empowering the severely brain injured and their families via support, understanding and a network of care
About The Brain
- The brain is one of the largest and most complex organs in the human body
- The human brain weighs approximately 1.5 kgs (3lbs)
- The brain may look like a walnut but has the texture of blancmange
- There are around 100 billion nerve cells in the brain that communicate in trillions of connections called synapses
- The brain uses 20% of the total oxygen and blood in your body
- New brain connections are created every time a memory is formed
- The brain keeps developing until the late forties
The Cerebral Cortex is the wrinkly outer most layer that surrounds the brain, that looks similar to a walnut and is about 1.5mm to 5mm in thickness. If the brain was split into two down the middle you would have a right and left hemisphere and although equal in size they don’t carry out the same functions and they control the opposite side of the body (left controls the right hand side and the right controls the left).
As well as dividing into a left and right hemisphere, the cerebral cortex can be further divided into a number of areas, known as lobes that control various functions.
The frontal lobe is the area behind the forehead and controls activities such as problem solving and decision making, as well as being involved in personality and the control of emotions and behaviour. It is in essence the ‘control panel’ of our personality.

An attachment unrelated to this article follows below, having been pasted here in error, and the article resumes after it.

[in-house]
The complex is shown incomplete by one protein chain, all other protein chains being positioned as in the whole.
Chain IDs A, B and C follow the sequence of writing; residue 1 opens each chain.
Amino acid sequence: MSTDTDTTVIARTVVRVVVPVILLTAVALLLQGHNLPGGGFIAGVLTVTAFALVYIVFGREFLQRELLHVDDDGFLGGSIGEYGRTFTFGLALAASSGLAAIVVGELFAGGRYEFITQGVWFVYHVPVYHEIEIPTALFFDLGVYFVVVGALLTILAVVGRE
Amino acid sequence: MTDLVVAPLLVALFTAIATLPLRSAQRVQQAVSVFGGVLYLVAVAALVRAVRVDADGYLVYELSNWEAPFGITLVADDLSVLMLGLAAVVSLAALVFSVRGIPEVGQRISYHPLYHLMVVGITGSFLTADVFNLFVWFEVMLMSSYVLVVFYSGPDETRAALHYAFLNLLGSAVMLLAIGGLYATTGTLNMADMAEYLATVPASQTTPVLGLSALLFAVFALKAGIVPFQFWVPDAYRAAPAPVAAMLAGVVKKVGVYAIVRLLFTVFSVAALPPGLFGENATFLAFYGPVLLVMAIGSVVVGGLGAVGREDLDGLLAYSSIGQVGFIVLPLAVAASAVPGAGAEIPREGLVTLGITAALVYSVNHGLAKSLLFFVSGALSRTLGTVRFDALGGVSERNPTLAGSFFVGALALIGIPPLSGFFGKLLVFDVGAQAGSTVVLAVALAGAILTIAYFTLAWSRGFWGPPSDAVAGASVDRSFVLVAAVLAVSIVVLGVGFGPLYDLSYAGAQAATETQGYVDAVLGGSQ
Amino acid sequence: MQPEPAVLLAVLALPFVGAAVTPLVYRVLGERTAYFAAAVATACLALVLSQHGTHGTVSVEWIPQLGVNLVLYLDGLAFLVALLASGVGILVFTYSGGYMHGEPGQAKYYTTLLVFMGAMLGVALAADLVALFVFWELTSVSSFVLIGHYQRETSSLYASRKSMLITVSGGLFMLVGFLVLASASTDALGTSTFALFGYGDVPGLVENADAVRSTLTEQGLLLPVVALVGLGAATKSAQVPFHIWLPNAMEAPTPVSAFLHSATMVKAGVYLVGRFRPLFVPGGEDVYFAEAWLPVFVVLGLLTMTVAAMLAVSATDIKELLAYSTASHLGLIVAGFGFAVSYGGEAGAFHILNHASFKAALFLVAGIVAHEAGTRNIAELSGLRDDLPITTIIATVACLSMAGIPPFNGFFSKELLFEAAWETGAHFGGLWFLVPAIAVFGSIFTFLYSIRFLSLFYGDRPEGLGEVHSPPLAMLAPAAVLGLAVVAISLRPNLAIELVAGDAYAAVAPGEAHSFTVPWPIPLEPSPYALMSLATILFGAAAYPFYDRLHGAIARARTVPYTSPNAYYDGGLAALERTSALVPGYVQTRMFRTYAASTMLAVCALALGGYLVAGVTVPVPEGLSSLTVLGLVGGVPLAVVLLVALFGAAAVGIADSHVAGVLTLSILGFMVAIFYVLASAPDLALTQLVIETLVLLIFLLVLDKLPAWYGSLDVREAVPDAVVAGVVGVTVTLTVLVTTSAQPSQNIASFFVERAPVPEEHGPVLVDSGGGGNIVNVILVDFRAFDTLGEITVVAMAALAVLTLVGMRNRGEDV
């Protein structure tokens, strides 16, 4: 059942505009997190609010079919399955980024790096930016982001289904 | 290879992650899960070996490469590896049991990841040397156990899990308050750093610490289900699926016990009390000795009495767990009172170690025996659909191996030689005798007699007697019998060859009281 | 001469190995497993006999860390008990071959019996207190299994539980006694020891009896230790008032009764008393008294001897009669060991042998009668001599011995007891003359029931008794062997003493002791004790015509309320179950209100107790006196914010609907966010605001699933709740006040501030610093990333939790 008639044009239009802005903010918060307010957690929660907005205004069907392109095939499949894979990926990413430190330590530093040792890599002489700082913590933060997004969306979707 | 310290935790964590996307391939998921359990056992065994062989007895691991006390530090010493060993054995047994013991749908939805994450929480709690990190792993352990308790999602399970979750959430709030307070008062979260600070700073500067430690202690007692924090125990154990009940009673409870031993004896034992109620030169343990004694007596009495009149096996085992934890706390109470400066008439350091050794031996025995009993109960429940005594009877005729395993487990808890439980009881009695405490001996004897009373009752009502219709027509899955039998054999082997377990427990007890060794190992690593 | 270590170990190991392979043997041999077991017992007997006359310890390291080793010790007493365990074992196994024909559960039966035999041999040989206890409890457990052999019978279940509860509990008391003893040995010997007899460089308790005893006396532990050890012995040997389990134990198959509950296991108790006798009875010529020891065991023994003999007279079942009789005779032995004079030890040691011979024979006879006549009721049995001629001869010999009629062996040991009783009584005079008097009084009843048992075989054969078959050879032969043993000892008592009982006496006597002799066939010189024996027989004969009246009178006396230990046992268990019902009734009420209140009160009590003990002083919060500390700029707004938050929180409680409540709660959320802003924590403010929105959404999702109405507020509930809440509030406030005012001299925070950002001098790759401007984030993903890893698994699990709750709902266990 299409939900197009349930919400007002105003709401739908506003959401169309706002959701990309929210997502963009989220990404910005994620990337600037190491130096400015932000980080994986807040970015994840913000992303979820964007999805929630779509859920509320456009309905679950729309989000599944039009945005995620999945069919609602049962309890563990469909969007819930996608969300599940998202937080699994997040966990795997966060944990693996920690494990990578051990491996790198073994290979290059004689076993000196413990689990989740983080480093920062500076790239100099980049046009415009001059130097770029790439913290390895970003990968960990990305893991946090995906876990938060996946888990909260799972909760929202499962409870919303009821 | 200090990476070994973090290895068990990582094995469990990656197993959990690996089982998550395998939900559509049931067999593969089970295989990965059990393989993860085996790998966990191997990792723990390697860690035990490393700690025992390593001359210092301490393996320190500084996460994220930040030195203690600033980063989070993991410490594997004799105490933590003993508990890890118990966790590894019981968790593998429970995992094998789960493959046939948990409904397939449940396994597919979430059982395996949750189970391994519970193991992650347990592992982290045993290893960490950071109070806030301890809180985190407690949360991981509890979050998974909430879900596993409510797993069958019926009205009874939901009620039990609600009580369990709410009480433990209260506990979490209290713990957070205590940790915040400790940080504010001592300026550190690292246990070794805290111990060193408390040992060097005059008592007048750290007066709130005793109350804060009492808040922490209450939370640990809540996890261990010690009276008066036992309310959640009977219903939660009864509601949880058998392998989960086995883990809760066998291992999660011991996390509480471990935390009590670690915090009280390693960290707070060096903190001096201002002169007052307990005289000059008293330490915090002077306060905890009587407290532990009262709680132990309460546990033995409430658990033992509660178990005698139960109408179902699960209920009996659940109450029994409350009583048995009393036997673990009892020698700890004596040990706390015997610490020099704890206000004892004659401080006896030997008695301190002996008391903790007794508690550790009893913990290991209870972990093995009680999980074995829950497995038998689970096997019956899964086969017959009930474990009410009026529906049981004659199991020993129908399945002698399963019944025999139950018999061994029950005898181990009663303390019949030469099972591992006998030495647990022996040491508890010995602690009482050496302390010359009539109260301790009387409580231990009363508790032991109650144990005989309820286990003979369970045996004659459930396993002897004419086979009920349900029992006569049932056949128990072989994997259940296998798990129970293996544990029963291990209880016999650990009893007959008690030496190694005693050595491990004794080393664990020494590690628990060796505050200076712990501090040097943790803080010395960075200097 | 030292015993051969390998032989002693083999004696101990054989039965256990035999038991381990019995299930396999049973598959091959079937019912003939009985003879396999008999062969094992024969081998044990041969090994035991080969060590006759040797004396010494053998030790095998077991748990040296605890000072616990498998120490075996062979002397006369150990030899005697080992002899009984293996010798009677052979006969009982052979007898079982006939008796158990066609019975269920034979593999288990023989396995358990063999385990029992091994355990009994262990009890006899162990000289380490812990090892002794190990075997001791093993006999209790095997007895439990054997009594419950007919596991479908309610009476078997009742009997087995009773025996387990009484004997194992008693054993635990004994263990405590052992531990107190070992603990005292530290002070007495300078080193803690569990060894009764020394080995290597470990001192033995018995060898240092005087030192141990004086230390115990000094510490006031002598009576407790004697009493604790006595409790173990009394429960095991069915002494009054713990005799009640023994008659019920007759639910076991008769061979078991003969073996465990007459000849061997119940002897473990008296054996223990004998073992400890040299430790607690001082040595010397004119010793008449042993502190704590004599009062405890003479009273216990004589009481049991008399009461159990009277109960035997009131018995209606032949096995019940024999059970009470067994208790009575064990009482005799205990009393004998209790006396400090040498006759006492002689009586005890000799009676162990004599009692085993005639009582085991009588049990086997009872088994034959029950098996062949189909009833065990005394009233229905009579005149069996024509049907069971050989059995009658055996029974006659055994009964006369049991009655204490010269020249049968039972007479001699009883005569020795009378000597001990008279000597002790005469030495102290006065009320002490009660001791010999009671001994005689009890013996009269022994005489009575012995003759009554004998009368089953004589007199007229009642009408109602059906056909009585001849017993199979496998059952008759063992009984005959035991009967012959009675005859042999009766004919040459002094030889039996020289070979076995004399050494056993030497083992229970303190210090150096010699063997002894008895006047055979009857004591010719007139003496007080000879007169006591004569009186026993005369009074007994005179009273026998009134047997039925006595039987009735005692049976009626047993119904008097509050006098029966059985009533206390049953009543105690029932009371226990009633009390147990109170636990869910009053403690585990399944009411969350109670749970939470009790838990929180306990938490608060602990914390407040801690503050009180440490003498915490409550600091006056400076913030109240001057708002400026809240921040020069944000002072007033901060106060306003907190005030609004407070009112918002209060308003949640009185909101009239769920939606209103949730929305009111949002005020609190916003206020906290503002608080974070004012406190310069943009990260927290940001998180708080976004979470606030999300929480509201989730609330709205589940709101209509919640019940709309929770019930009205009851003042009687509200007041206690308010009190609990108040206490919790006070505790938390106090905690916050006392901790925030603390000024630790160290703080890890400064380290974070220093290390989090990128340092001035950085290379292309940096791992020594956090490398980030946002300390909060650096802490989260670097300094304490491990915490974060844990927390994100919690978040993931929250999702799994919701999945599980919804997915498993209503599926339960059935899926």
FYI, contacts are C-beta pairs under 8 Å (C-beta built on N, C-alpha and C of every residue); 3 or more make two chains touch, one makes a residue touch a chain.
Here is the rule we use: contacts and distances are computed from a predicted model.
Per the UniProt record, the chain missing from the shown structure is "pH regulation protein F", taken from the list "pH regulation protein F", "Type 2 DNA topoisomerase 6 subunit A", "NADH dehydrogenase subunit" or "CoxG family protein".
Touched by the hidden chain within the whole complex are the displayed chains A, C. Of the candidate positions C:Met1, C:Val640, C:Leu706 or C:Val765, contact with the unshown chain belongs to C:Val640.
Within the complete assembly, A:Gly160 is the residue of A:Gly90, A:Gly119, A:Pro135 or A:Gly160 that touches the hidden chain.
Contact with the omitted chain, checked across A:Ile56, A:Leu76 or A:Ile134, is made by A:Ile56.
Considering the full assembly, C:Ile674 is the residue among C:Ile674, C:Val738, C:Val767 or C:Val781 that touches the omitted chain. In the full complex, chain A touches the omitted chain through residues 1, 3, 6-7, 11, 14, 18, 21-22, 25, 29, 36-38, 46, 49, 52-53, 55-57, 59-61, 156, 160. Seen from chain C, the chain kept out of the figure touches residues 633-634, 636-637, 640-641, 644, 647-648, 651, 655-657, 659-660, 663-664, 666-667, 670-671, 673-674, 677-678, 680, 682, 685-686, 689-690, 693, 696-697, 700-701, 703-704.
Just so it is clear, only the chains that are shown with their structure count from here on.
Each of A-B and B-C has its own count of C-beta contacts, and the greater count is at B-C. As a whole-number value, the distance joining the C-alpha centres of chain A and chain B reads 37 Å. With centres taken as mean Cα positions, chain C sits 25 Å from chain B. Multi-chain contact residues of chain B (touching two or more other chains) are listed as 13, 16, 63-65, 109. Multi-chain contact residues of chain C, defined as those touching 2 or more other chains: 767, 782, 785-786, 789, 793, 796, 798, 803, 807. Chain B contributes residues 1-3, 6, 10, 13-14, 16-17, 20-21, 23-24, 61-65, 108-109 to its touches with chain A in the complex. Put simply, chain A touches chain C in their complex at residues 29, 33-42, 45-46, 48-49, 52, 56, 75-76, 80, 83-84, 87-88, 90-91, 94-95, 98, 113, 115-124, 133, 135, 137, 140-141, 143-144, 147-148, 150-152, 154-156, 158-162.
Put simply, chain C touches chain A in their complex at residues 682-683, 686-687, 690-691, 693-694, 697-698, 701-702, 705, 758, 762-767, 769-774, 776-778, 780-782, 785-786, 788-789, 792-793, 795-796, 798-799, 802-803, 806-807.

Following a Frontal Lobe injury the ability to make good choices and recognise consequences are often impaired. This can cause increased irritability and mood swings.
Located behind the frontal lobe, at the back of the brain above the ears. It processes sensory information regarding the location of parts of the body as well as interpreting visual information and processing language and mathematics.
With a Parietal Lobe injury there could be a difficulty with writing, maths, disorders of language and the inability to perceive objects normally.
Situated behind the ears, this area holds the bulk of our memories and our ability to understand things and speak.
Damage to the Temporal Lobe can have an impact with the ability to speak, memory loss, learning and hearing.
At the very back of the head, behind the parietal lobes, are the occipital lobes, which are responsible for vision which includes distance and depth, colour, object recognition and memory formation.
Any injury to this area can cause partial or complete blindness.
Internal areas of the brain
Hidden in the middle of the cerebral cortex are a number of small nerves that control functions of the body.